JOINT BASE SAN ANTONIO-FORT SAM HOUSTON, Texas (May 20, 2019) -- As I travel throughout the country and speak with leaders from organizations supported by our command's contracting efforts, it's readily apparent that all of the hard work by talented members of our workforce is making a difference. In fact, the Mission and Installation Contracting Command has celebrated quite a few huge accomplishments since the start of 2019.

I'd first like to congratulate Staff Sgt. Charles Prihoda on the amazing feat of besting nine others as the top Soldier in the Army Contracting Command Best Warrior Competition earlier this month at Fort Hood, Texas. After a grueling week of challenges intended to tax both mental and physical capabilities, the contracting NCO representing the MICC and 632nd Contracting Team demonstrated a true commitment to Army values and the warrior ethos. He earned the right to advance to the Army Materiel Command Best Warrior Competition for a chance to be one of the elite Soldiers vying for the Army-level competition. Joining him will be runners-up Sgt. 1st Class Reginald Alexander and Sgt. 1st Class Enes Memic, both former MICC Soldiers whose advancement to AMC reflects our command's commitment to training the best and brightest.

That commitment to excellence also extends to our senior NCOs. Nine master sergeants from throughout the Army Contracting Command have been selected for promotion and attendance to the United States Sergeants Major Academy. We're fortunate that seven of those nine have already been identified to serve as battalion sergeants major throughout the MICC.

Also, truly demonstrating that today's professional Soldier entails both technical and tactical proficiency, Lt. Col. Kyle McFarland from the 418th Contracting Support Brigade at Fort Hood was awarded the 2018 Major General Harold J. "Harry" Greene Award for Acquisition Writing. His winning entry in the future operations category outlined exactly the type of strategic thinking essential in our contracting leaders to meet the Army's modernization efforts.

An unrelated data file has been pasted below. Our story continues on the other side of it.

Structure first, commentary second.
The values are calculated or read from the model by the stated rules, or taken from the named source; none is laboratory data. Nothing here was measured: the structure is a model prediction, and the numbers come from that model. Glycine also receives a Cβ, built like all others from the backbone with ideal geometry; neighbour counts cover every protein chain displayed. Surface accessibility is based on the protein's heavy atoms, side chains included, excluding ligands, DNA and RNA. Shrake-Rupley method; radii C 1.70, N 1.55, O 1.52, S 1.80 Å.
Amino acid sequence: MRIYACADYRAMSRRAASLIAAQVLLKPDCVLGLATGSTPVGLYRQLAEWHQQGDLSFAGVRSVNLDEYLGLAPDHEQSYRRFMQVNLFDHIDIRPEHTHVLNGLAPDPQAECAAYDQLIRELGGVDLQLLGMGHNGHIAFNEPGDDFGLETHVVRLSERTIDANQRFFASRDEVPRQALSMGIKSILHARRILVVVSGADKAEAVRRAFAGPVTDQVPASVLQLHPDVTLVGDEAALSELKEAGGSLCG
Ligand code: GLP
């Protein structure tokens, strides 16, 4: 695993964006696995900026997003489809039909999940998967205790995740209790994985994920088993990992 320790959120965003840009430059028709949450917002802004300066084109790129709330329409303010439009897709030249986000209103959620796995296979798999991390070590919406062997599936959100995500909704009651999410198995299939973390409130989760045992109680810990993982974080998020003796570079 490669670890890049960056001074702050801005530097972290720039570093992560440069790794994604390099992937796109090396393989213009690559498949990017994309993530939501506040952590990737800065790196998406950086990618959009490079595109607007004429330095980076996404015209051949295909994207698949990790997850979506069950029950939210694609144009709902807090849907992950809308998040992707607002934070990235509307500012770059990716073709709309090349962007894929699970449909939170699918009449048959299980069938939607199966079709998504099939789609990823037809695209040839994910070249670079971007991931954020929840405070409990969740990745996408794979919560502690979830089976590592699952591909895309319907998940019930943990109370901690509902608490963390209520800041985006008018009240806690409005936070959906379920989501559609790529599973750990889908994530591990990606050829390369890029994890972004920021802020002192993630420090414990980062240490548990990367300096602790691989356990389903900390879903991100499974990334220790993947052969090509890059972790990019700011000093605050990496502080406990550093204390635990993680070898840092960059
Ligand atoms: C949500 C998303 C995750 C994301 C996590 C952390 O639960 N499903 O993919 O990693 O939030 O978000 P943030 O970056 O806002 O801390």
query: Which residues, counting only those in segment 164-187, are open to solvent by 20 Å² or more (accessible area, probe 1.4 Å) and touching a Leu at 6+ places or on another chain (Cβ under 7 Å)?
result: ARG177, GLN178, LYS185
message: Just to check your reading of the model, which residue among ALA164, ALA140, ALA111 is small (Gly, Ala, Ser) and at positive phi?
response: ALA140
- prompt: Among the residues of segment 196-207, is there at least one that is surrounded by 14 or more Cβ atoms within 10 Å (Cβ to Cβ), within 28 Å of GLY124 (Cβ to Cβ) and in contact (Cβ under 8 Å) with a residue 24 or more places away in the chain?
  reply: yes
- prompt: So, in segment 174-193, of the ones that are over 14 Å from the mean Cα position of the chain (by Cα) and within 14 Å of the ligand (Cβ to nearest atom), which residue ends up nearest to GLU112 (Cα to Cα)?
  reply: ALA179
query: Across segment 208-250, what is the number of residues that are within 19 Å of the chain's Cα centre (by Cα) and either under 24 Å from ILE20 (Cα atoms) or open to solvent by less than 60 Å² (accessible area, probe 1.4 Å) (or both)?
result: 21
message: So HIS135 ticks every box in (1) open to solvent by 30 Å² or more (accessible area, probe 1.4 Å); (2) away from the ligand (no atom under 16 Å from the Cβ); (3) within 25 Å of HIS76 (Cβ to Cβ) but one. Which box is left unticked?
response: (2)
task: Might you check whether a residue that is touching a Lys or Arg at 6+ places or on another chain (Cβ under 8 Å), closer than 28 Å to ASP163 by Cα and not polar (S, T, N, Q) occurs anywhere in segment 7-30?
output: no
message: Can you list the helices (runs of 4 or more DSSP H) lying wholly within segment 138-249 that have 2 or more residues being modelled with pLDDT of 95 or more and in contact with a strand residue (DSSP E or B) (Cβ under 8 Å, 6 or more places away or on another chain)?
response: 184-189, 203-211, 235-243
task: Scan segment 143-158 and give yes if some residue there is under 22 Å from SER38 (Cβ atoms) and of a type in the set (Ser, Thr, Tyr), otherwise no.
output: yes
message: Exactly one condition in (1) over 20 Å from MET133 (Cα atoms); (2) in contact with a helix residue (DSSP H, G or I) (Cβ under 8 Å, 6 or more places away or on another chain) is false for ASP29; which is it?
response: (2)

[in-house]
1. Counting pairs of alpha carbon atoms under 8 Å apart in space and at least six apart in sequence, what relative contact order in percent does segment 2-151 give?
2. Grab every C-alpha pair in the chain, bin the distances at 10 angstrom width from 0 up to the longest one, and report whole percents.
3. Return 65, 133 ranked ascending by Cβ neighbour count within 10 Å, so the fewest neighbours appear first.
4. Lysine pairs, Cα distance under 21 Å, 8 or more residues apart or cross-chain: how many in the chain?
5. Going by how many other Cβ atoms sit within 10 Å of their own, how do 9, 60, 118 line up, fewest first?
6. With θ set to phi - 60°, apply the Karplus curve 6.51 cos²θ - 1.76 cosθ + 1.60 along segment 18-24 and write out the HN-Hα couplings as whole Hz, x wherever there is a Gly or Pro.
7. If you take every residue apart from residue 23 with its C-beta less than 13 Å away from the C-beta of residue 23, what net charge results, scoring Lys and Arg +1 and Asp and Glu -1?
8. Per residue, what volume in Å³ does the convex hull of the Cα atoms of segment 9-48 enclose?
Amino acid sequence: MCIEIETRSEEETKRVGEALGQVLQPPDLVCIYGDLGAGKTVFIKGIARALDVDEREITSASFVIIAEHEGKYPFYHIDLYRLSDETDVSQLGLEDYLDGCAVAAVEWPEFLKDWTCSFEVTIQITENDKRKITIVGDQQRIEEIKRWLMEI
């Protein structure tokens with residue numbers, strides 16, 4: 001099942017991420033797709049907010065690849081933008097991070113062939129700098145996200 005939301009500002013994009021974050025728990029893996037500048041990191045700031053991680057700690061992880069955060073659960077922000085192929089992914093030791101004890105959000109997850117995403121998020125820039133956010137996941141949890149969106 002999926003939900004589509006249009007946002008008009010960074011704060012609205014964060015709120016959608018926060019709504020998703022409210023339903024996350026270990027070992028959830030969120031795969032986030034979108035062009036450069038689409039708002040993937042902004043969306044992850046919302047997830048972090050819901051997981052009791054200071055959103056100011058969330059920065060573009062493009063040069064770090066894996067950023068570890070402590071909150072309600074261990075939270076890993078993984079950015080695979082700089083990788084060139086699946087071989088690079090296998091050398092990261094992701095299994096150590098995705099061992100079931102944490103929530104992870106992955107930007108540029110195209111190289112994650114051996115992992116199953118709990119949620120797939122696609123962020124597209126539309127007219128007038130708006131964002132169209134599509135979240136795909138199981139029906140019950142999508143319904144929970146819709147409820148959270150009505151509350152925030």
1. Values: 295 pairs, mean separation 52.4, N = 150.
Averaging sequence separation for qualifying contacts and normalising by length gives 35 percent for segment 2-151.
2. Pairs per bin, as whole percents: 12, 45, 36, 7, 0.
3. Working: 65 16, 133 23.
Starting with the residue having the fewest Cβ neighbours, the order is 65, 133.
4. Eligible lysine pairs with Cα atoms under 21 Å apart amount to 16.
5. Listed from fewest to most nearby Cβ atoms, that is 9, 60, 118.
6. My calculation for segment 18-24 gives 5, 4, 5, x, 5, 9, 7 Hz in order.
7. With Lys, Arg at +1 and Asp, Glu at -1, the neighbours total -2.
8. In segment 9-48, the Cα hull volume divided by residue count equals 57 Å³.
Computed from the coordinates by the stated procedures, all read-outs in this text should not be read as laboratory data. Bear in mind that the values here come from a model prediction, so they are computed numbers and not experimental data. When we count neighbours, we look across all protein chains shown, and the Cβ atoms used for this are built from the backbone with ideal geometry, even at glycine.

Our civilian workforce has also earned its share of recognition. Mark Massie, our director of small business programs, earned the Secretary of the Army Award for Small Business Utilization for leading a team of 19 small business professionals to exceed goals for the fourth consecutive year. And Aundair Kinney, who leads our team at MICC-Fort Hood, was named the 2018 John W. Macy Jr. Award winner for her leadership excellence in guiding her office to significant improvements since her arrival.

These most recent achievements by our workforce underscores the importance of taking the time, as leaders, to ensure our folks are given the opportunity to be recognized for the incredible work they're doing. It takes only a little bit of time to complete nominations for a chance to be recognized at higher levels of command. In addition to recognizing our best, it's an opportunity to tell our MICC story.

Sharing our story with those across our communities builds relationships that serve to inform the public that the Army offers a wide variety of opportunities in a professional environment. In April, Lt. Gen. Leslie Smith, the Army inspector general, took time to visit the MICC and discuss a few topics with the command team. Among them were encouraging our workforce to tell our story to a variety of audiences including young men and women who are interested in Army service. As trusted sources, you have the opportunity to build those relationships and ensure they make informed decisions. I recently had the opportunity to join the commanding general at a number of events as part of Fiesta San Antonio for an opportunity to strengthen the military's ties with the community. The outpouring support by this community in celebration of San Antonio's rich military history is nothing short of remarkable and builds lasting relationships.

Telling that story is critical. Every member of our workforce is an ambassador for the Army. Take every opportunity to tell others about the great opportunities available, both on the uniformed and civil service sides. Competing against a robust economy, the Army missed its recruiting goal last year. This directly impacts our readiness. Requirements and our operations tempo are continuing to rise as the Army's reach now extends across Eastern Europe, the African continent and across the world. Of course, this include our own contracting Soldiers and civilians who are in harm's way. Keep them in your prayers and reach out to them to make sure they are being taken care of. Family readiness groups play a vital role in organizations directly contributing to the retention of our greatest asset -- our people.